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Friday, March 16, 2012

Perfect Pitch

Perfect pitch is a musical term for the ability to recognize any note on the scale just by hearing it -- or to sing any note on the scale without a point of reference. Experts say only one in 10,000 people have this ability, though others may possess elements of the skill.

In sales, we often refer to our own sort of "perfect pitch" -- a presentation so persuasive it overcomes objections and leaves no doubt in a prospect's mind that our product or service is exactly what they need.

Like perfect pitch in music, a perfect pitch in sales can seem equally elusive. And while there is no fail-safe way to close every sale, there are things you can do to make your presentations resonate with prospects and strike a better chord.

Do your homework. Get to know as much as you can about your audience before you meet. Discover their needs, their wants...and their motivations. Tailor your pitch and approach to address those triggers, and focus on how your product can benefit the customer, rather than just the features it possesses.

Start with an analogy. Stories have a way of breaking the ice and making your product more relatable. Telling a prospect your high-speed Internet service is faster than the competitors' might impress them momentarily, but comparing your service to running on smooth pavement with the wind at your back versus running through a pool full of molasses, against the current, might make a stronger and more meaningful (long-term) impression.

Answer the whys. Wise salespeople prepare ahead of time to deal with the whys: Why do I need your product? Why should I choose you over the competition? Why should I care about all those bells and whistles? All of these are valid questions you'll need to answer. And, no, "because I said so" is not an acceptable response. If you can't make a concise, compelling case for your product, you'll have trouble making many sales.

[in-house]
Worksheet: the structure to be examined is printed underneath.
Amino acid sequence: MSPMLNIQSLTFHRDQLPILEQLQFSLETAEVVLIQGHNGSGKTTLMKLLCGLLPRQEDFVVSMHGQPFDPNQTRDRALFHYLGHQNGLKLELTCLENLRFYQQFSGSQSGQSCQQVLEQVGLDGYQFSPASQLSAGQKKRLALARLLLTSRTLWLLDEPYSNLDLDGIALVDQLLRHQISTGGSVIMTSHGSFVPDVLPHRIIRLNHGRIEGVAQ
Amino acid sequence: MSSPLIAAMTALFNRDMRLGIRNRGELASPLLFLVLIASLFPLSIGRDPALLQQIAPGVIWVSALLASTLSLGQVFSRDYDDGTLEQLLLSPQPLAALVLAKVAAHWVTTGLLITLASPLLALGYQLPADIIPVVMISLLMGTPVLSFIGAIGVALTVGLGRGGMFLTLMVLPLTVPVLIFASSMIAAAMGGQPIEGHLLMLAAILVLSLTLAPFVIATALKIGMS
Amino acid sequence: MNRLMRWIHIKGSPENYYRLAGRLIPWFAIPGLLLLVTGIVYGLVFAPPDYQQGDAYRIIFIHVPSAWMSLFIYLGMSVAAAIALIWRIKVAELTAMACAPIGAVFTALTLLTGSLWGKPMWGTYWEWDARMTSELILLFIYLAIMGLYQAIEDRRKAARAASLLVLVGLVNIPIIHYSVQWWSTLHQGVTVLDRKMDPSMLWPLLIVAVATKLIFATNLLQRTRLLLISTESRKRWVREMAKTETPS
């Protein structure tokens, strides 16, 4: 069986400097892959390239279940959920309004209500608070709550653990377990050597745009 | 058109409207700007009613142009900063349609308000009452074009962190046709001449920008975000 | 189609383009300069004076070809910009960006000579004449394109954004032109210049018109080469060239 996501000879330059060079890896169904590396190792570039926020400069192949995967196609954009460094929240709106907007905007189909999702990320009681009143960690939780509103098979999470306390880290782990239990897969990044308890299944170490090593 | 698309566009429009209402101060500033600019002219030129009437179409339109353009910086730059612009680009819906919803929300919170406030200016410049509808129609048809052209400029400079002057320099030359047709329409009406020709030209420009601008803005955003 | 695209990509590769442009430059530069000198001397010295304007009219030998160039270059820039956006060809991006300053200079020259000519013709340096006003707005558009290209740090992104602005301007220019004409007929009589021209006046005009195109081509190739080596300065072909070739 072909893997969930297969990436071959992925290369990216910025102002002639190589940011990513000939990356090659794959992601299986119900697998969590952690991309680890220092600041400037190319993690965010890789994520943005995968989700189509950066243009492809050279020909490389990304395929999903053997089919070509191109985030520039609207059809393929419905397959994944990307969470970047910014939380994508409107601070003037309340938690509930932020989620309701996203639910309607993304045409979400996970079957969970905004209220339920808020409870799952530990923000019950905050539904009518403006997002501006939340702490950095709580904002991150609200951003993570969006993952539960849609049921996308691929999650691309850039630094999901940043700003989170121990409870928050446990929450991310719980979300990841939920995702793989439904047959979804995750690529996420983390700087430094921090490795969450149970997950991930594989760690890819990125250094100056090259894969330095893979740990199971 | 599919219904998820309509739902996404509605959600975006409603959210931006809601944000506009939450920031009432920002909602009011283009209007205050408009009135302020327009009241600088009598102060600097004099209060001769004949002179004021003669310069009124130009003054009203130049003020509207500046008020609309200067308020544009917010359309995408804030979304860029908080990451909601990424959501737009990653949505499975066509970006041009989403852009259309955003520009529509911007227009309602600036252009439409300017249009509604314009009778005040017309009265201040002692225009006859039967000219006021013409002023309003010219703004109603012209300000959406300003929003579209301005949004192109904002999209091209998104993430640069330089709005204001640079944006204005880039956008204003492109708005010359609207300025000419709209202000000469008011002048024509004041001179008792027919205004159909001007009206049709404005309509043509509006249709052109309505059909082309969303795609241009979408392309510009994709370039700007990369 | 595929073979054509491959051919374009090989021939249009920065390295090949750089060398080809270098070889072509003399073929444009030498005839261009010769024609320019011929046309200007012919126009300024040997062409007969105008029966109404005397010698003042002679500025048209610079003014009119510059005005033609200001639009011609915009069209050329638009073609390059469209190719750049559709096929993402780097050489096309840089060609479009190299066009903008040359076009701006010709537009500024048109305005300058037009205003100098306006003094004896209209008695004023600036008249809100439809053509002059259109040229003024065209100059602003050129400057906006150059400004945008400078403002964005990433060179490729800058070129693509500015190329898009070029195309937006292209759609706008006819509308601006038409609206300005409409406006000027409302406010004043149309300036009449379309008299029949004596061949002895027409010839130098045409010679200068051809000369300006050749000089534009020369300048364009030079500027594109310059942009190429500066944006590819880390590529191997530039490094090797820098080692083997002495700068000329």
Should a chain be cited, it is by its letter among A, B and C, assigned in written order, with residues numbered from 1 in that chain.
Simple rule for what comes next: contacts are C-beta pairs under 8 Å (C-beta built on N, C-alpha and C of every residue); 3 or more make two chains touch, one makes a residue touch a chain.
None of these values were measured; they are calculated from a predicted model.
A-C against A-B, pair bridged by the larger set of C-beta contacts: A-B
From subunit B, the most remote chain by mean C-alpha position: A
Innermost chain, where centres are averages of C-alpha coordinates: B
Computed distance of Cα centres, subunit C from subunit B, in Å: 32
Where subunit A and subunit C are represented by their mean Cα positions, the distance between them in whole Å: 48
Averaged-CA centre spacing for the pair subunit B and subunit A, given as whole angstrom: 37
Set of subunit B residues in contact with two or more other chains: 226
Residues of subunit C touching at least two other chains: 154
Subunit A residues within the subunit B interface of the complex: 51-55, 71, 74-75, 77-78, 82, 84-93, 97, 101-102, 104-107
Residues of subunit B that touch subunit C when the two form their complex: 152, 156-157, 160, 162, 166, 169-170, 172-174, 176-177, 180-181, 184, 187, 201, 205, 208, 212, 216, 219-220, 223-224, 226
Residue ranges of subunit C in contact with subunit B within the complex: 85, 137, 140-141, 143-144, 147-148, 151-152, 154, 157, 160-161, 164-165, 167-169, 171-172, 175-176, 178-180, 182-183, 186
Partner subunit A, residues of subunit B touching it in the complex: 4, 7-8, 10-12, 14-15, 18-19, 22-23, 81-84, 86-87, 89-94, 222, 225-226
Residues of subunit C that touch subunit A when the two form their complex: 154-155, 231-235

Practice, practice, practice. Alexander Graham Bell once said, "Before anything else, preparation is the key to success." Just as a musician or singer needs to practice their craft, successful salespeople must prepare themselves for every presentation. Outline your presentation ahead of time, and practice your delivery so you know what you need to say in various situations.

Keep honing. No salesperson hits the right note on every sales call. Learn from your mistakes and miscues. Use all of your experiences -- both positive and negative -- to sharpen your skills, so you're always prepared to perform at your best.

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